Salud y trabajo, 1991, No.84, p.9-16. Illus. 5 ref.
Walsh M.L., Harvey S.M., Facey R.A., Mallette R.R.
Hazard assessment of video display units
This report describes the results of a study of potential health hazards of video display units (VDUs). The specific elements of the study included characterising the emissions of ionising and non-ionising radiation and exposures to electromagnetic fields. There was no evidence that operators are exposed to electric, magnetic, or ionising radiation fields significantly above ambient levels. Significant X-ray leakage cannot occur under any credible conditions. In addition to the ergonomic aspects of VDU work, reports on the health aspects of VDU operators were investigated. The results of the study, based on the specific hazards evaluated, do not support allegations that VDU operation is hazardous beyond the identified transient discomforts associated with characteristics of the work performed. A high-profile employee education programme was initiated to minimise discomforts and unwarranted concerns.
American Industrial Hygiene Association Journal, Aug. 1991, Vol.52, No.8, p.324-331. Illus. 24 ref.
Guidelines for work with visual display units
These guidelines contain measures for the prevention or minimisation of health effects associated with the use of visual display units. Contents: ergonomic design of workstations adaptable to the individual operator; keyboard and screen design; work environment (lighting, temperature, noise); work practice (rest periods, training, job rotation); medical examinations; cleaning and maintenance of machines; permissible exposure limits for electromagnetic fields and radiation.
Ministry of Labour, 18 Havelock Road, Singapore 0105, 1991. 16p. Illus.
Yoshikawa H., Yoshida M., Hara I.
Change of visual acuity observed in VDT workers in a printing company
Insatsu gaisha no 'VDT' sagyōsha ni mitome rareta shiryoku henka [in Japanese]
A yearly ophthalmological examination was performed for two VDT worker groups (workers routinely engaged in both VDT work and key-punch work at a printing company and office people handling VDTs irregularly at a chemical company) and two control groups (typesetters at a printing company and office workers at a chemical company) for three years. All the groups showed lower subjective refractive power in the last than in the first examination; the greatest decrease was found in the routine VDT workers followed by typesetters. Information on naked visual acuities of the routine VDT workers three years before VDT introduction showed that the reduction in visual acuity occurred after VDT introduction. Accommodative powers of workers at the printing company were lower than those of workers at the chemical company, irrespective of VDT work, and the most subjective ophthalmological symptoms were observed in the routine VDT workers. However, no changes of accommodation symptoms were observed between the first and the last examination in any group. VDT work may be associated with the decline in visual acuity of the routine VDT workers, while the key-punch or typesetting work involved more visual burden than the irregular VDT work.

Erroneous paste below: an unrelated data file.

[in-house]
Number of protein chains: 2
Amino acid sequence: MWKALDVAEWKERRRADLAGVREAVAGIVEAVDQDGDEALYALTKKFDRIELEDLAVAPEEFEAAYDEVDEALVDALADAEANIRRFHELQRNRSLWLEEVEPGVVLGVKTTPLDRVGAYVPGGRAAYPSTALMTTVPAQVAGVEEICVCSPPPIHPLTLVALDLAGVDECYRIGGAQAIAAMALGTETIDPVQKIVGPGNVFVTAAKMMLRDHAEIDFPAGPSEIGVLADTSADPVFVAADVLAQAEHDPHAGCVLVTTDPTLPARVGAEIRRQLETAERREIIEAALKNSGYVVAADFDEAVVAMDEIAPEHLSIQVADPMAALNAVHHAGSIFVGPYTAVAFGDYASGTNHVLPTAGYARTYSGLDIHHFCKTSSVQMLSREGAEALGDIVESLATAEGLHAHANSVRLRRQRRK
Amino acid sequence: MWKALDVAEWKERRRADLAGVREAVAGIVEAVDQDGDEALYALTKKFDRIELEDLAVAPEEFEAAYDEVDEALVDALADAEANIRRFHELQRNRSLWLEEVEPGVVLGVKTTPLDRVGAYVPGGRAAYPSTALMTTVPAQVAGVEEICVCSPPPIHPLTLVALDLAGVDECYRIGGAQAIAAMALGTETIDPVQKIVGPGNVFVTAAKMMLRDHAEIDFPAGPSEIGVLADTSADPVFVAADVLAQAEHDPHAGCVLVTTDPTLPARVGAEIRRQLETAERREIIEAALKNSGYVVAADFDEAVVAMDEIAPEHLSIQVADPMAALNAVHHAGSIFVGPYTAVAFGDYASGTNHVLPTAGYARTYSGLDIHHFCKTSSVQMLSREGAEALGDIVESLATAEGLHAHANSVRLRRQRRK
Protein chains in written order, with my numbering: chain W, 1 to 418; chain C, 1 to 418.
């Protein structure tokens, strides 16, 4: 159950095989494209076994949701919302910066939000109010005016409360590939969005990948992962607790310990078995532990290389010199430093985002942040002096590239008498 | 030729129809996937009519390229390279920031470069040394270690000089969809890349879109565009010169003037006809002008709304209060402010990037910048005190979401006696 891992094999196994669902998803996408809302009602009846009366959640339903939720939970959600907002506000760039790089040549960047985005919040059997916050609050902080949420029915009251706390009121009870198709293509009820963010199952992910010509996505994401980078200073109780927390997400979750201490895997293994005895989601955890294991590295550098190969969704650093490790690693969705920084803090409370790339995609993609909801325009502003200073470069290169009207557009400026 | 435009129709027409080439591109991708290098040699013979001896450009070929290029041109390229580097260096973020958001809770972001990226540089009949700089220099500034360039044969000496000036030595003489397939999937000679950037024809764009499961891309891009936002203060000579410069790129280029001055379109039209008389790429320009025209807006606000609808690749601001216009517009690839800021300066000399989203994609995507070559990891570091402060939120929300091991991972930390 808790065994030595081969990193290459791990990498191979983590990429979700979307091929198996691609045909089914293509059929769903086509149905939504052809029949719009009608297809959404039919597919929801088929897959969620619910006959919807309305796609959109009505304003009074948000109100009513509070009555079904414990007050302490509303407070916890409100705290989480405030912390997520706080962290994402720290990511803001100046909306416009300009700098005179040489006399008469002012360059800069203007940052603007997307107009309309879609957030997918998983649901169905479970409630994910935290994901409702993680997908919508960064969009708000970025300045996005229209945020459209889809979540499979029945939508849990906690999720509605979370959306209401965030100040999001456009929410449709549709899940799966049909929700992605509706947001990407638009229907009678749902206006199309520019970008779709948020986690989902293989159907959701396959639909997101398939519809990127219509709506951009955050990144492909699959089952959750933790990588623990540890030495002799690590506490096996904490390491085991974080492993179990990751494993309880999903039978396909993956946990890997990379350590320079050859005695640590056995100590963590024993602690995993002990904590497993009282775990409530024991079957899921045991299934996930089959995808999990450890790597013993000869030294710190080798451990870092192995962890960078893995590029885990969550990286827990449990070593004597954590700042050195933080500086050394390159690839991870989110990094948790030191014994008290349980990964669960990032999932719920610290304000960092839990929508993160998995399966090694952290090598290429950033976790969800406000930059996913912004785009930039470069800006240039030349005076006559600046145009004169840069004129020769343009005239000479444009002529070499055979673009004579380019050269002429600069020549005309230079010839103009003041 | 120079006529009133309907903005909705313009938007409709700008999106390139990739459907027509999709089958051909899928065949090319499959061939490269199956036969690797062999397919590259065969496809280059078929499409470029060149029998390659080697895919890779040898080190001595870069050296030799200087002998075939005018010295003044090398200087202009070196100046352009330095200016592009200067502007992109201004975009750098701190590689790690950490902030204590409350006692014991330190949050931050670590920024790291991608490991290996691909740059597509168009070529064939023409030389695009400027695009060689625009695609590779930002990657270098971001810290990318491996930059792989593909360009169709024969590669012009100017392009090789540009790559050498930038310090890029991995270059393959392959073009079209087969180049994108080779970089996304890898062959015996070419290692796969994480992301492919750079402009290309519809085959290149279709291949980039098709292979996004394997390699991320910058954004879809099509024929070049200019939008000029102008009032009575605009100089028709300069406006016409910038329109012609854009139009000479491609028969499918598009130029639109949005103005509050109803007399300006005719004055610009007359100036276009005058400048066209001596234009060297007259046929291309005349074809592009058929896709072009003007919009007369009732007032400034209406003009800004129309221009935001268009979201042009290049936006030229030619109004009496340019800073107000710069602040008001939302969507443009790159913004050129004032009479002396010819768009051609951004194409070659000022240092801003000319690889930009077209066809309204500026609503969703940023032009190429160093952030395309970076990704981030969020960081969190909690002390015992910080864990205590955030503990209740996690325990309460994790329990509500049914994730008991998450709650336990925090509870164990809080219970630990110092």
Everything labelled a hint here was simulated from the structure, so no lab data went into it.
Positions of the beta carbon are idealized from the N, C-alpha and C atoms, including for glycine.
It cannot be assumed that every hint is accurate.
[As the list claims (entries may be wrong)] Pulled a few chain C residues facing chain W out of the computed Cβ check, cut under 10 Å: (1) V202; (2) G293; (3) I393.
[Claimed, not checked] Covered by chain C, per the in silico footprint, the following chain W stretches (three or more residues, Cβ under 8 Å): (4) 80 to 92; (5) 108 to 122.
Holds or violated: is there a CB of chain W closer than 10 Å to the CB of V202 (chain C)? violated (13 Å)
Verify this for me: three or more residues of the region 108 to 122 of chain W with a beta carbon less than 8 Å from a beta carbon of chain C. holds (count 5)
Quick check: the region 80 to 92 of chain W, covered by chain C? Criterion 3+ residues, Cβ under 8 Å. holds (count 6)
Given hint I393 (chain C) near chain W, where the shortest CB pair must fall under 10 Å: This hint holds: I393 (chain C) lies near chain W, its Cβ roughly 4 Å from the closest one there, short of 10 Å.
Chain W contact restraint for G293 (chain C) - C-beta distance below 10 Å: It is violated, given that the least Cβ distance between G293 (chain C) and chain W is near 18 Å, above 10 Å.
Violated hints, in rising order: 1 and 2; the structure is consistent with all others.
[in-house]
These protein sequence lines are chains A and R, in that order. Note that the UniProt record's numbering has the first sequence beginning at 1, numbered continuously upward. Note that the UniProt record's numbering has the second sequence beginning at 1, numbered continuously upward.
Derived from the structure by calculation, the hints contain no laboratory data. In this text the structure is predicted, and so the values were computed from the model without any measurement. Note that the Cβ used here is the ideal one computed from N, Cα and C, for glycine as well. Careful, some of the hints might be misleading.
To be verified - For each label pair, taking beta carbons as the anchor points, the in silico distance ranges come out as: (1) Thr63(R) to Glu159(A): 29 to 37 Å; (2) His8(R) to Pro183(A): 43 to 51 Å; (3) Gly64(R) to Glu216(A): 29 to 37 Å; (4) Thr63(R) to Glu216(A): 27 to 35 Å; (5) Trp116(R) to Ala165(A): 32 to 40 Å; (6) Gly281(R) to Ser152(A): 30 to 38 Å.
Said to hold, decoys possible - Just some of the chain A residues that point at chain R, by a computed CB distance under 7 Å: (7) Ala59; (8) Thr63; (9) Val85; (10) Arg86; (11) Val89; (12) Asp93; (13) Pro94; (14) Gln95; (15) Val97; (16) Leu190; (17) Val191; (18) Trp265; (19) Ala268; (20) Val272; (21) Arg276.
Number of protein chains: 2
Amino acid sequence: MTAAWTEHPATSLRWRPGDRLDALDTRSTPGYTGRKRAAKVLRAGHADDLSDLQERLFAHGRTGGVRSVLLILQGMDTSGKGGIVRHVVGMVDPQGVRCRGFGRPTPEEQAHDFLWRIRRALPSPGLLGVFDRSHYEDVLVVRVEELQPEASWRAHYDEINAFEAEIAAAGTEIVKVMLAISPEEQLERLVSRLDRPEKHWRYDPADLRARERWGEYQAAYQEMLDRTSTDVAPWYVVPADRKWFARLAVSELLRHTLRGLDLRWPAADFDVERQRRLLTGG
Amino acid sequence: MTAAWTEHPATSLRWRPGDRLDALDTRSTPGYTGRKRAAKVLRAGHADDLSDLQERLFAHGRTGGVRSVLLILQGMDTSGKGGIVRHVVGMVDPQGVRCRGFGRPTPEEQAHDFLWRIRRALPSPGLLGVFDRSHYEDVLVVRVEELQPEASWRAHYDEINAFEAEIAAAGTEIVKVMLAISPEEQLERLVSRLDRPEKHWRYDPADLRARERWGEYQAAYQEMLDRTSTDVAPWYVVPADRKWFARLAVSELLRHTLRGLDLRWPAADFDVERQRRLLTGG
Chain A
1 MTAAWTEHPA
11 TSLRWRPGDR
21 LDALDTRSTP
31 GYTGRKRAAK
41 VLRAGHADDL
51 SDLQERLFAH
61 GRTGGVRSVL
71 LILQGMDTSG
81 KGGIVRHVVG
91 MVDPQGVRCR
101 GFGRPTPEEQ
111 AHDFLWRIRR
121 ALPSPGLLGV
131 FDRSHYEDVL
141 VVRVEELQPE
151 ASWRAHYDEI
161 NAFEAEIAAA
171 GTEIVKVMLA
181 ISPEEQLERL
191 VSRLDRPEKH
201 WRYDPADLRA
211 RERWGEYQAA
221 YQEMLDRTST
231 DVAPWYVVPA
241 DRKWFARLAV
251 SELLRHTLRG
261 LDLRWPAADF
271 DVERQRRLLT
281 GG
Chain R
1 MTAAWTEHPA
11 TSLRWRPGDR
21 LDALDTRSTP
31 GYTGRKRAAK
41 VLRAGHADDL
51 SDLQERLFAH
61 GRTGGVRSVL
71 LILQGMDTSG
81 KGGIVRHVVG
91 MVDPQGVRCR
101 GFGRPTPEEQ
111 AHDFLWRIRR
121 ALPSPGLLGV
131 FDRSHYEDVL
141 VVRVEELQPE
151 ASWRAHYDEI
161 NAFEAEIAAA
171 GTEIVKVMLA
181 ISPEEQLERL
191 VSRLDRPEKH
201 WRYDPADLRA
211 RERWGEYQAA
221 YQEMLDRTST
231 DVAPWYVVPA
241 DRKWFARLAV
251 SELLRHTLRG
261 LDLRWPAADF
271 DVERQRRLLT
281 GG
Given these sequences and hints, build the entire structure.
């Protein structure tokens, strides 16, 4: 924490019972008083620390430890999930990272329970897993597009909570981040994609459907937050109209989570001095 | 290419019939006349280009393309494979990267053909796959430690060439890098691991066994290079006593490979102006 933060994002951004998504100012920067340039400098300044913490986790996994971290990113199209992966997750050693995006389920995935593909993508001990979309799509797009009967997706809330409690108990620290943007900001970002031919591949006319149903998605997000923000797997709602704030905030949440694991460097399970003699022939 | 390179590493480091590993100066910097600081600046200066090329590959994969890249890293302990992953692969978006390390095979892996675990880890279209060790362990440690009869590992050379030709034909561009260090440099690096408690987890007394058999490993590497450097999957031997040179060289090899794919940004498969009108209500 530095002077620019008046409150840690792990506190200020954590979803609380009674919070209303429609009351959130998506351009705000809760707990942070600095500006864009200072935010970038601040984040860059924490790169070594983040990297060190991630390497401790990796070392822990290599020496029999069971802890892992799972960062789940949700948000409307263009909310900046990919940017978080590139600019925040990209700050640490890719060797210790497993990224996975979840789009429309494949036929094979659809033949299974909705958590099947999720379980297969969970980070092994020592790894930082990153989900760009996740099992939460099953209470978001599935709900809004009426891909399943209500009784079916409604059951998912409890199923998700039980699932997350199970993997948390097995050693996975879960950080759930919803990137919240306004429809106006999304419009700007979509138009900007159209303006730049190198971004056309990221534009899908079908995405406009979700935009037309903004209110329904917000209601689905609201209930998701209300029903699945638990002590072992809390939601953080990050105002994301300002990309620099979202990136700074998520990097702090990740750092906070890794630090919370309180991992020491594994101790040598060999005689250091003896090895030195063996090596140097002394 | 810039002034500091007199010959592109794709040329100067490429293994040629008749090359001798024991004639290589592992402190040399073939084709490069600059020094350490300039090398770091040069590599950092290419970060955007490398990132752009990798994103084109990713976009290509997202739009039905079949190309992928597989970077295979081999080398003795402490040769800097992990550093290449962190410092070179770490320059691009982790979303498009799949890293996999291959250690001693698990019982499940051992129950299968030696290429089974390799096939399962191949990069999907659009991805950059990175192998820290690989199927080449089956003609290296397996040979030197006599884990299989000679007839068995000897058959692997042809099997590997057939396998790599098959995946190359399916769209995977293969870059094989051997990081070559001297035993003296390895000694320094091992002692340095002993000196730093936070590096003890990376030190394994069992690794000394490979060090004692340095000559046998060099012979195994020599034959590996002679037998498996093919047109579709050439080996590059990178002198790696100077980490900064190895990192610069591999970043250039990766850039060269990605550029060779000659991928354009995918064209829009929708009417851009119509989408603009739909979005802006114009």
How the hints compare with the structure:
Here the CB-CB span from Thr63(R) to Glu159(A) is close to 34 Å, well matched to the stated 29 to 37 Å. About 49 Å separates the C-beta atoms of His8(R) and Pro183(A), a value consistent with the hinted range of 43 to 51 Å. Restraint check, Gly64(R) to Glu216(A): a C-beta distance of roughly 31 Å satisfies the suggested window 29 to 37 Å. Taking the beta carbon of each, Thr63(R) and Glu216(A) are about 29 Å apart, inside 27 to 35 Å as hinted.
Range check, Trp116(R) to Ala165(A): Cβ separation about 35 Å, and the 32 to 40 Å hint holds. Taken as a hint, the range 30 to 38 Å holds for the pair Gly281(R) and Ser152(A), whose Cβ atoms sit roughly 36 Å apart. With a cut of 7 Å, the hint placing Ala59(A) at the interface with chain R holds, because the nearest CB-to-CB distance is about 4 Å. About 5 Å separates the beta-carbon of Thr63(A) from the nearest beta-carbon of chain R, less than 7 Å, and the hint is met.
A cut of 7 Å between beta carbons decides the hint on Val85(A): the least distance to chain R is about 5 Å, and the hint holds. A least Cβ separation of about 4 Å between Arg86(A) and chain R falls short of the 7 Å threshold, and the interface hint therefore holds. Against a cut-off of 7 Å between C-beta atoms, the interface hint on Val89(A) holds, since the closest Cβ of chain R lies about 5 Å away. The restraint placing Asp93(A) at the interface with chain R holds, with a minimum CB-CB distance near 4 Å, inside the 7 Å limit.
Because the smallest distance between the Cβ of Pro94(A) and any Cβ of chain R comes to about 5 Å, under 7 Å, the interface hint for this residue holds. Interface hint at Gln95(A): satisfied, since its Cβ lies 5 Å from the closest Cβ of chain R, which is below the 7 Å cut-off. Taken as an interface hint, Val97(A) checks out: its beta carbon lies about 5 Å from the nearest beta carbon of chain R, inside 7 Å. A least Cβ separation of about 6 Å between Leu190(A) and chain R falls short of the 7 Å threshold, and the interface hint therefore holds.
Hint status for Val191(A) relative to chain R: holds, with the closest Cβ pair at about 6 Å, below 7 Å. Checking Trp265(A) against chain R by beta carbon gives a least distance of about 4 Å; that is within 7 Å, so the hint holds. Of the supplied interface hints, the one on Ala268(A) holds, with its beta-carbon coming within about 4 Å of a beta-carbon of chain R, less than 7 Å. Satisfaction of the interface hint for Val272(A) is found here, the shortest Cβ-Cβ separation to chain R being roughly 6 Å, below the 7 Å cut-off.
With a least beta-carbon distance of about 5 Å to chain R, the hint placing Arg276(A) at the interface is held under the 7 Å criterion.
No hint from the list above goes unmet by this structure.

Japanese Journal of Industrial Health - Sangyō-Igaku, 20 Nov. 1991, Vol.33, No.6, p.519-526. 18 ref.
Effects of low-frequency magnetic fields on embryonic development and pregnancy
Experimental and epidemiologic studies on the effects of low-frequency magnetic fields on pregnancy are reviewed. Most of the epidemiologic studies have concerned operators of a video display terminal (VDT). The results do not provide evidence for an association between adverse pregnancy outcome and use of a VDT. Other (stronger) sources of low-frequency magnetic fields have been addressed in only a few studies. It is not yet possible to conclude whether occupational or residential exposure to low-frequency magnetic fields affects human prenatal development. There is an apparent need for further investigation.
Scandinavian Journal of Work, Environment and Health, June 1991, Vol.17, No.3, p.149-158. 77 ref.
Abenhaim L., Lert F.
Methodological issues for the assessment of clusters of adverse pregnancy outcomes in the workplace: The case of video display terminal users
The paper reviews the consecutive methodological steps to follow when assessing clusters of adverse pregnancy outcomes (APO) in the workplace and the decisions to be taken at each step. The example of clusters of APO reported in VDT users in 1979 to 1982 is taken to illustrate each point. It appears that the number of "expected-unexpected" clusters of APO in VDT users has been largely overestimated when checked against observations and that this might be due to inadequate choices in the models used.
Journal of Occupational Medicine, Oct. 1991, Vol.33, No.10, p.1091-1096. 14 ref.